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Apr
9
comment Is the Cayley graph of a word-hyperbolic group a CAT(0) metric space?
Alternatively, CAT(0) spaces are simply connected (in fact, contractible), so trees are the only CAT(0) graphs.
Apr
6
awarded  Revival
Apr
4
comment Subgroup of free products is torsion-free
You're right. In fact, my argument only shows that $\langle g^p,h^q \rangle$ is free for some $p,q \geq 1$. The problem is not as simple as I suspected first. I will delete my answer.
Apr
3
answered Subgroup of free products is torsion-free
Apr
2
awarded  Nice Question
Apr
1
awarded  Enlightened
Apr
1
awarded  Nice Answer
Mar
30
revised A short exact sequence with a locally finite group
edited body
Mar
30
comment A short exact sequence with a locally finite group
But $a$ and $b$ does not belong to $F$. I use that $[a,b^k] \in N$ for every $k \geq 1$, but a priori the $[a,b^k]$'s does not belong to a finitely-generated subgroup.
Mar
29
revised A short exact sequence with a locally finite group
added 89 characters in body
Mar
29
asked A short exact sequence with a locally finite group
Mar
20
answered Infinite groups whose non-trivial subgroups are of finite index
Mar
18
comment Prove that a space having the fixed point property must be connected.
I essentially gave the answer. Where is your problem?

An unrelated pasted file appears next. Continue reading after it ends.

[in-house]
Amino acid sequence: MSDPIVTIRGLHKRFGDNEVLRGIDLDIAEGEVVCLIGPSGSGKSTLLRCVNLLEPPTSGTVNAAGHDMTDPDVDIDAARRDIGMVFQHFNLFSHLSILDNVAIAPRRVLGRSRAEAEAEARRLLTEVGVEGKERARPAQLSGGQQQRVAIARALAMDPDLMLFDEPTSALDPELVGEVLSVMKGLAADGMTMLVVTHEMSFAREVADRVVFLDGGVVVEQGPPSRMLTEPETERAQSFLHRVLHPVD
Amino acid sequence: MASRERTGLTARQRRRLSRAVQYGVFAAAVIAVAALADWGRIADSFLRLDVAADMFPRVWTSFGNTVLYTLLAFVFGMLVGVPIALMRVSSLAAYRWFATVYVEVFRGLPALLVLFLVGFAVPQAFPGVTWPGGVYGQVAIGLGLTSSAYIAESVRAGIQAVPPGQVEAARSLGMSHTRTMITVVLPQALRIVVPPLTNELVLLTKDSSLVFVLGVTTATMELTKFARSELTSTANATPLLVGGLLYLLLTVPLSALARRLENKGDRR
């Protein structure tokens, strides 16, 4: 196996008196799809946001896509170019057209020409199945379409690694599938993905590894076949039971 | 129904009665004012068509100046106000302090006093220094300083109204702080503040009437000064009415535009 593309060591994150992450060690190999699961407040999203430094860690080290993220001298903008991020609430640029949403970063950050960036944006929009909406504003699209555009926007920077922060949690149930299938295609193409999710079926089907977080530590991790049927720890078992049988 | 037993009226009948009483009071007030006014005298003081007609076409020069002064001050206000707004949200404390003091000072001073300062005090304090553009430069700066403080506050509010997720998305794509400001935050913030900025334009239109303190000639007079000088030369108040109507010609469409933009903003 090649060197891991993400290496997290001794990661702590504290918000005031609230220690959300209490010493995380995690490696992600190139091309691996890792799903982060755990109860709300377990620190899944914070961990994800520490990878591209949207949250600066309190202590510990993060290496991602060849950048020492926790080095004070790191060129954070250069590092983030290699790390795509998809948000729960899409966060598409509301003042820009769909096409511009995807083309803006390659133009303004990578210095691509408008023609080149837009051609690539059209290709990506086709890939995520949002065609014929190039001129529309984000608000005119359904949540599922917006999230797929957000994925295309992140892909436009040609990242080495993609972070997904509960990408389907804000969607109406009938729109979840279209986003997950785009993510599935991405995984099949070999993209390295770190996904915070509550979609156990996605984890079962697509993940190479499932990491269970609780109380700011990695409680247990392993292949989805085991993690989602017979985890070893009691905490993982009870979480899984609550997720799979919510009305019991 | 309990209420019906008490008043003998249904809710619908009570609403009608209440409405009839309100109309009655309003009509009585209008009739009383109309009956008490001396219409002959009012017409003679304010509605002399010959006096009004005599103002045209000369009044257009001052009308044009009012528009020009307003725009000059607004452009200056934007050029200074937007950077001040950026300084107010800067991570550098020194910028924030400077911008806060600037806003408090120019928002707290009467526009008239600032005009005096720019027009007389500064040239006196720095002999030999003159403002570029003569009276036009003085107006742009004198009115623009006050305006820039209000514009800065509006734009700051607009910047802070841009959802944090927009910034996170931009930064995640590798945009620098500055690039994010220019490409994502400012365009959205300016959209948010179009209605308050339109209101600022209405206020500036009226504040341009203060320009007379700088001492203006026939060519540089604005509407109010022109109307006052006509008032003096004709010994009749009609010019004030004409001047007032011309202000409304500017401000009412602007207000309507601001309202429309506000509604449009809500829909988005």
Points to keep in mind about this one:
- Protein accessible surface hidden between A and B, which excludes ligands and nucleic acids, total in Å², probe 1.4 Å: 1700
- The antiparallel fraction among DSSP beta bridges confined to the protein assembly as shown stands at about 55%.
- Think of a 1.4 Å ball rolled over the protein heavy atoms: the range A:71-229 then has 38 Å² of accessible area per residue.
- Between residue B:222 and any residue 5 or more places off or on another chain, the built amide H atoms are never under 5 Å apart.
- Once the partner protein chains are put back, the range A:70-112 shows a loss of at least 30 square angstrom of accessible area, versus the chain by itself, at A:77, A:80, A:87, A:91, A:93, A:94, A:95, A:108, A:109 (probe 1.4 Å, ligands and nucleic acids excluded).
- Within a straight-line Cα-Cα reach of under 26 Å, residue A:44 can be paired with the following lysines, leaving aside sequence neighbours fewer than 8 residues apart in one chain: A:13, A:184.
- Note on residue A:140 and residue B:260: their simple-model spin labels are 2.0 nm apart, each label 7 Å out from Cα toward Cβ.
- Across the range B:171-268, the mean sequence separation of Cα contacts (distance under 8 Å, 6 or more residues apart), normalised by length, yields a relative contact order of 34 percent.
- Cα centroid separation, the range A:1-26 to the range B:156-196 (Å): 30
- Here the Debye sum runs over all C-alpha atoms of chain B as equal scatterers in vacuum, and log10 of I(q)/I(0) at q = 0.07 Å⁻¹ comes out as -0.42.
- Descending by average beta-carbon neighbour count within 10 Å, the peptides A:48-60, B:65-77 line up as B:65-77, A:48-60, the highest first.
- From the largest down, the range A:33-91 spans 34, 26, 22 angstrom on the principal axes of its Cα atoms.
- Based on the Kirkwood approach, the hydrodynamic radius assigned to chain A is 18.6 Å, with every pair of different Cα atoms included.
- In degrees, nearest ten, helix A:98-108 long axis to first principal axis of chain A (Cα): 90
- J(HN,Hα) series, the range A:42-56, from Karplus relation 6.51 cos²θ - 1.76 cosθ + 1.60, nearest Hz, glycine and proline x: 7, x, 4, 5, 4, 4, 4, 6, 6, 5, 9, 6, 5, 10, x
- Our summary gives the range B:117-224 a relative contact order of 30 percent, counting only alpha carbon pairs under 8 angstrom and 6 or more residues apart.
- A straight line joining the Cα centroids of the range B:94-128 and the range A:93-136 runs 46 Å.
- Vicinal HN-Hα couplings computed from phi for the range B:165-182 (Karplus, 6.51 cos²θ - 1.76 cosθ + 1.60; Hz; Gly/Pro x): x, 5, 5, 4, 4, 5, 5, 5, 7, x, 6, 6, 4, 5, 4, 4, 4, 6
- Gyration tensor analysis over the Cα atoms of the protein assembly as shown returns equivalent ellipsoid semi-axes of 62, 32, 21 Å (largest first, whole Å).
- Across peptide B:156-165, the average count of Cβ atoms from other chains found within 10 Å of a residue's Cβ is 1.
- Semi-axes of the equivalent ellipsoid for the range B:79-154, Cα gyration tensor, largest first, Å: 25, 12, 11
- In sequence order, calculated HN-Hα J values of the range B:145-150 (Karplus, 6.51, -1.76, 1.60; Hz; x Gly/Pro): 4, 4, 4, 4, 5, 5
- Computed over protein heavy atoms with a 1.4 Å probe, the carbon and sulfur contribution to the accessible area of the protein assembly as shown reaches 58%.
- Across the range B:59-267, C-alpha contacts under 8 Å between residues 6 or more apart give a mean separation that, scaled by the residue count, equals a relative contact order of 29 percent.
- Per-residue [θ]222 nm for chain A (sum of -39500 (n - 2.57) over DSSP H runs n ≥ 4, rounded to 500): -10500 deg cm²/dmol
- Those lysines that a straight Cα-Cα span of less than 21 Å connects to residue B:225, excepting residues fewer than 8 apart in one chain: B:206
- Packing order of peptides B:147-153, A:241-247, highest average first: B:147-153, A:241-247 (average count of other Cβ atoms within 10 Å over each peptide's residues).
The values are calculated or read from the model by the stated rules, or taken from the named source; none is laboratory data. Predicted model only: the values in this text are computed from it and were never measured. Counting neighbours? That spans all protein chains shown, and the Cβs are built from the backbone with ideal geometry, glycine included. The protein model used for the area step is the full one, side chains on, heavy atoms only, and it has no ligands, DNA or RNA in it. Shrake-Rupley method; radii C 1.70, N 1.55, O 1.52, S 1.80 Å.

Mar
17
awarded  Popular Question
Mar
17
answered quasi-geodesics in hyperbolic space
Mar
16
comment quasi-geodesics in hyperbolic space
Can you precise the point you find uncorrect?
Mar
13
awarded  Notable Question
Mar
7
comment Hyperbolic groups from Dehn functions
Thank you for the reference, it sounds interesting.
Mar
4
comment Hyperbolic groups from Dehn functions
...We get a new diagram $D'_n$ bounded by the (combinatorial) geodesics $\alpha_n$, $\beta_n$, $[p_n,r_n]$ and $[q_n,s_n]$. Now, we want to say that, if the distances $d(p_n,q_n)$ and $d(r_n,s_n)$ are sufficiently large, then $D'_n$ contains many cells. However, we have to justify that the distance between the geodesics $[p_n,r_n]$ and $[q_n,s_n]$ cannot be too small. Is it reasonnable?
Mar
4
comment Hyperbolic groups from Dehn functions
Whatever, proving that a linear Dehn function implies the uniform thiness of the bigons seems to be interesting. The argument I have in mind is the following: suppose that there a sequence of bigons $(\alpha_n , \beta_n)$ such that there exists $x_n \in \alpha_n$ and $y_n \in \beta_n$ satisfying $d(x_n,y_n) \to + \infty$; let $D_n$ be a van Kampen diagram whose boundary is precisely this bigon. Now, take some vertices $p_n,q_n \in \alpha_n$ and $r_n,s_n \in \beta_n$, such that $x_n$ is between $p_n$ and $q_n$ along $\alpha_n$ and $y_n$ is between $r_n$ and $s_n$ along $\beta_n$...